3 28 2005
131 W. 3rd St., near Sixth Ave. (212-475-8592)
Instrumental virtuosos aren’t always a serious lot; James
Moody delivers warped one-liners and surrealist anecdotes as easily
as he does serpentine bebop lines on the saxophone and flute.
A fleet alto saxophonist and a pensive soprano player, Moody produces
his most significant work when he turns to the tenor sax. On that
horn you can hear all that he’s absorbed, from his days
as a featured soloist in Dizzy Gillespie’s late-forties
big band, in Moody’s own funky ensembles of the fifties,
and back with Dizzy again as an integral component of the trumpeter’s
small group in the sixties. Since then, he has continued to investigate
the improvisational byways of modern jazz. Moody’s here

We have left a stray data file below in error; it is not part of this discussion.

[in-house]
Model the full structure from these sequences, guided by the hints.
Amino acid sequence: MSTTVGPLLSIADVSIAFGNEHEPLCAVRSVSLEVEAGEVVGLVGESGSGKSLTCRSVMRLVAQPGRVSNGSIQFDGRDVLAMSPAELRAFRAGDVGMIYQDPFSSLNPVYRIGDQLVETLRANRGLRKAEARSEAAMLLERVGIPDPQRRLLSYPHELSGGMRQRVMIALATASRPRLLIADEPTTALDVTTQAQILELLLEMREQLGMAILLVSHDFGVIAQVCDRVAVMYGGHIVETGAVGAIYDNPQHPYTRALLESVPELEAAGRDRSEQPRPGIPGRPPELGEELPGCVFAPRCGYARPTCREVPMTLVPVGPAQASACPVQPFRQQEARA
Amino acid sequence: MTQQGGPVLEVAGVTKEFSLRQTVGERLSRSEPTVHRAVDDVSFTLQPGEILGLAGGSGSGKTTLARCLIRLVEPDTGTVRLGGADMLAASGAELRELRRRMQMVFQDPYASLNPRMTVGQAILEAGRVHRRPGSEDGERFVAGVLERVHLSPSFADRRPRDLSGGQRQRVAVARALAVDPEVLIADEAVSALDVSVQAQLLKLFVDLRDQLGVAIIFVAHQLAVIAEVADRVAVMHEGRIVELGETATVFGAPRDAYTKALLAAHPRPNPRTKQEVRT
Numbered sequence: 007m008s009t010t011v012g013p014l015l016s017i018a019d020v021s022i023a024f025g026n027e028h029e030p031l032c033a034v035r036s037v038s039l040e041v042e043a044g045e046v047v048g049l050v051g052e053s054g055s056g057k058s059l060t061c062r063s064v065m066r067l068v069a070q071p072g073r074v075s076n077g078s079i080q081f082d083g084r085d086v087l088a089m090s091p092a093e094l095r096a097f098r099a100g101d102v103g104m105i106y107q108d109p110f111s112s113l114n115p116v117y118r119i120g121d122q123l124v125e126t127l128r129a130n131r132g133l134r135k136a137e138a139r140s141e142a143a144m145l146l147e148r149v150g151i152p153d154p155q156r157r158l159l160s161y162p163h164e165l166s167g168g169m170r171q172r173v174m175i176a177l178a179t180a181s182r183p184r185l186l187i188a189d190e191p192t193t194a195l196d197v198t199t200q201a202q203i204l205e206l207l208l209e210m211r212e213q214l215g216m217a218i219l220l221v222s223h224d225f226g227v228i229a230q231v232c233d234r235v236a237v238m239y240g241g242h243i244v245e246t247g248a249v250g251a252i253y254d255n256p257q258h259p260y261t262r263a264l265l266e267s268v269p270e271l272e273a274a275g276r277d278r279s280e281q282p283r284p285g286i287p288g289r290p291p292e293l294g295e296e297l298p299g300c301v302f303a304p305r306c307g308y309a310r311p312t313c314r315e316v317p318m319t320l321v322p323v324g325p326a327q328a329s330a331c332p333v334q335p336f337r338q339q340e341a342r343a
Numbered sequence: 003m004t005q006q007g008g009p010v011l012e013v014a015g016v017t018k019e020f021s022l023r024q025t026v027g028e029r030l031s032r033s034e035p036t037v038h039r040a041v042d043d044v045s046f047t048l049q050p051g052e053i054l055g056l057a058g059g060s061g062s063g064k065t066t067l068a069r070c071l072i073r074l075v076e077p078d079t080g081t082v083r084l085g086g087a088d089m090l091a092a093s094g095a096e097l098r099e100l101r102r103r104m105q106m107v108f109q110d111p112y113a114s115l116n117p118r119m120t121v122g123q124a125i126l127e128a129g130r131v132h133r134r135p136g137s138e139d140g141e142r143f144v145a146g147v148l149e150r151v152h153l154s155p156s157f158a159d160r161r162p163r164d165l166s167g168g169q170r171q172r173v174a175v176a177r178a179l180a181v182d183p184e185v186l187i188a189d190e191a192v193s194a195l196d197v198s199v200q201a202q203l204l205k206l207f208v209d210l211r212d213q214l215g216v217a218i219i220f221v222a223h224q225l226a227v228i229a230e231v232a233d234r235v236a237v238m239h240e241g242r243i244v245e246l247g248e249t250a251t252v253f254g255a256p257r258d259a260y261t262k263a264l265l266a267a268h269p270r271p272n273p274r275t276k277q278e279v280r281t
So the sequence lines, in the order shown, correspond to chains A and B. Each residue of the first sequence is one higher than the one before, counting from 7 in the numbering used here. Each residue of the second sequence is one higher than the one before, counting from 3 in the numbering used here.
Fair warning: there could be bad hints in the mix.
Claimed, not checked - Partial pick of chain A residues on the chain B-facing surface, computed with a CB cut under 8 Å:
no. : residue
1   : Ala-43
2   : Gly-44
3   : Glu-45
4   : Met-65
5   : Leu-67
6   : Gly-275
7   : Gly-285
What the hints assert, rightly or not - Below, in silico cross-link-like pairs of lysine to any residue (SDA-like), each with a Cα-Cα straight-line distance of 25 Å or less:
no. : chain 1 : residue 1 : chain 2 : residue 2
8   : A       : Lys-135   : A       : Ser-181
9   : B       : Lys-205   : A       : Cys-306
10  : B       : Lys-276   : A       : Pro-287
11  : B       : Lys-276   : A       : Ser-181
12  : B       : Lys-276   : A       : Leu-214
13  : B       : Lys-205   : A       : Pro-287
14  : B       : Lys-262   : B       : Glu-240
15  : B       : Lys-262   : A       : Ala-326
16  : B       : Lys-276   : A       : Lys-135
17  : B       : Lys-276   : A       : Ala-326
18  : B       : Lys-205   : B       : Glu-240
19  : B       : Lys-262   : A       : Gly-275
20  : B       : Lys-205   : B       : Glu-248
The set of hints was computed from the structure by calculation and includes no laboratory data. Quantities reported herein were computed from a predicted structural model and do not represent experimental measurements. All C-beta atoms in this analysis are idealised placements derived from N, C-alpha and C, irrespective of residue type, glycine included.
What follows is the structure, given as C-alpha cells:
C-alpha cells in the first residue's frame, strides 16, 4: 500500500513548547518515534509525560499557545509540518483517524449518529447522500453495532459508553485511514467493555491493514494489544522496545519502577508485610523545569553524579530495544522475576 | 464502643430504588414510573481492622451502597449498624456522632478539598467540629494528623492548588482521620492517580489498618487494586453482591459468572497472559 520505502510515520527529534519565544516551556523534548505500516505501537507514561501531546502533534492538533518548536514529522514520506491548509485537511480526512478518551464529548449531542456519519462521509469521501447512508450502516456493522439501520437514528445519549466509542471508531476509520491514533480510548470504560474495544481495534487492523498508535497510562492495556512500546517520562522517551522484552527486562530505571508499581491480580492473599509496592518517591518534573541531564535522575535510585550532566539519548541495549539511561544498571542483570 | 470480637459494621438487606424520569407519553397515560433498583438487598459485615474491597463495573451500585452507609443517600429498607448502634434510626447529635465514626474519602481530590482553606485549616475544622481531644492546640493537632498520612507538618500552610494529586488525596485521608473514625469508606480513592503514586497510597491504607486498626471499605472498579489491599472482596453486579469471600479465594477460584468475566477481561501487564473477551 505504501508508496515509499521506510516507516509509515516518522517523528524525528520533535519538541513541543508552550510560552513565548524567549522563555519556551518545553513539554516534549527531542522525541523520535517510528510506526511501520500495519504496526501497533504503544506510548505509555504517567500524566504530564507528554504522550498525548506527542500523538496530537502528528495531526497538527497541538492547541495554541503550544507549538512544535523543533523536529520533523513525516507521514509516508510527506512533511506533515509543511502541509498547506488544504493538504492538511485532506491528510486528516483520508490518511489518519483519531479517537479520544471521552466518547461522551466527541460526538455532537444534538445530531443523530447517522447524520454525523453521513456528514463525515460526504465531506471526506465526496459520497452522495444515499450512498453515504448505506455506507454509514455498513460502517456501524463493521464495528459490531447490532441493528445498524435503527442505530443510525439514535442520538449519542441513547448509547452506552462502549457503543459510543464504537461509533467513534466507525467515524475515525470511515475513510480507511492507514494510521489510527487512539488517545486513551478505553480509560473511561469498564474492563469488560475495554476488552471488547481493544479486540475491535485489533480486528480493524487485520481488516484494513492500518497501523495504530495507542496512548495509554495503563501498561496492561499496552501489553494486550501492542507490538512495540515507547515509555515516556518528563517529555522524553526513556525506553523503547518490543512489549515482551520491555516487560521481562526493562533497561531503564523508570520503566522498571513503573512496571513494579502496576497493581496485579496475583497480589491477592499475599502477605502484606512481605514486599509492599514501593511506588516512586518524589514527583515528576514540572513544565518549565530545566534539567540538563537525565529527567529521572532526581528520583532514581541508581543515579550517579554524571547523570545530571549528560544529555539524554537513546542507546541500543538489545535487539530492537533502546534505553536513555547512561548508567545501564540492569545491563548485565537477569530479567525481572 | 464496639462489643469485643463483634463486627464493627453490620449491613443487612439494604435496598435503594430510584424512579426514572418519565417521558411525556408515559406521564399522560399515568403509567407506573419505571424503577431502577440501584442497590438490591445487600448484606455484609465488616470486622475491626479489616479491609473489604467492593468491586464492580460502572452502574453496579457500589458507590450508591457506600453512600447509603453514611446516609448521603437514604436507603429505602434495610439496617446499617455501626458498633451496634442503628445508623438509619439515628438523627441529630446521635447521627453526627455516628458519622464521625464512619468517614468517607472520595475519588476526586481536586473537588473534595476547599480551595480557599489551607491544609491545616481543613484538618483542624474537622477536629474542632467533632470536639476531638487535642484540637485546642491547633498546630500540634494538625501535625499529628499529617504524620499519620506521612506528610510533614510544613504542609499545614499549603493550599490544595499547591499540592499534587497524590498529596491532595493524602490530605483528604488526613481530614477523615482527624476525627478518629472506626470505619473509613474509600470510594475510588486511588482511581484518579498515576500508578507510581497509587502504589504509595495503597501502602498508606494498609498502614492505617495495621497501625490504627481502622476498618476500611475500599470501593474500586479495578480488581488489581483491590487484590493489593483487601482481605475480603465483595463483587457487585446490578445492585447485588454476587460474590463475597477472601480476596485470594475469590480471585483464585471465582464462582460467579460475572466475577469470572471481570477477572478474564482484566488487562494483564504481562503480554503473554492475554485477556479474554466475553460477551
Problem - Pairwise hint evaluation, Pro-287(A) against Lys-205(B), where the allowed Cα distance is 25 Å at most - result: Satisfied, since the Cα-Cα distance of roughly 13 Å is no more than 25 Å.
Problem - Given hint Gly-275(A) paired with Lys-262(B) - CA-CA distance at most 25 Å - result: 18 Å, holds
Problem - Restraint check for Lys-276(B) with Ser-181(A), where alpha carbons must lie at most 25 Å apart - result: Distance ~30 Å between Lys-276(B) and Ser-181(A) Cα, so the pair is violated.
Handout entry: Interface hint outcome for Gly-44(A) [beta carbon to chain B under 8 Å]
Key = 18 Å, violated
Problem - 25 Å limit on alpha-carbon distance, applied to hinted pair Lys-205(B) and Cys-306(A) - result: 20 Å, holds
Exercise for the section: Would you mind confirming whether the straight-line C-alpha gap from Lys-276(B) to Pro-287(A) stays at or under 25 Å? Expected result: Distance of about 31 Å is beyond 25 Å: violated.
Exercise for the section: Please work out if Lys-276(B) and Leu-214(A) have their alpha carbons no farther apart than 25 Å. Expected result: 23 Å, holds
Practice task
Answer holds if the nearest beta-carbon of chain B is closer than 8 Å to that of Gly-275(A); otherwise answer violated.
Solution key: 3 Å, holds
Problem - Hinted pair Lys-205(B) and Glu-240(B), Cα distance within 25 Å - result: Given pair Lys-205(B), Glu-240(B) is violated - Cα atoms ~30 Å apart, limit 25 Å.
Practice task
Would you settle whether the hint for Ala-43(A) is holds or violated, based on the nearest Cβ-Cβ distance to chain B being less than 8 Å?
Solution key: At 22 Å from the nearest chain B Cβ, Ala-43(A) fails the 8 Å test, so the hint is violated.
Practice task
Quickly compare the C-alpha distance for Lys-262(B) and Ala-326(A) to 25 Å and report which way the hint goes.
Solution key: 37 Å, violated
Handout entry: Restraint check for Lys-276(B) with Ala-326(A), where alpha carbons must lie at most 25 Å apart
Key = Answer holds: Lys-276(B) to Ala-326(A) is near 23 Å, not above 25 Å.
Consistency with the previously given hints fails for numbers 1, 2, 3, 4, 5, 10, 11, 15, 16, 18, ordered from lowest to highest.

all week, celebrating his eightieth birthday with a few friends.
Opening night, March 22, finds him in the company of Cubop, which
unites the saxophonist Paquito D’Rivera and the legendary
conguero Ray Barretto. March 23: Moody is joined by the vocalist
Roberta Gambarini and the trumpeter Roy Hargrove. March 24: The
trombonist Slide Hampton, the trumpeter Claudio Roditi, and the
saxophonist Frank Wess sit in. March 25: Moody, along with the
saxophonists Nathan Davis and Quamon Fowler, plays the music of
Grover Washington. March 26: The producer George Wein is the m.c.
for the evening. Expect special guests. March 27: The pianist
Kenny Barron closes things out.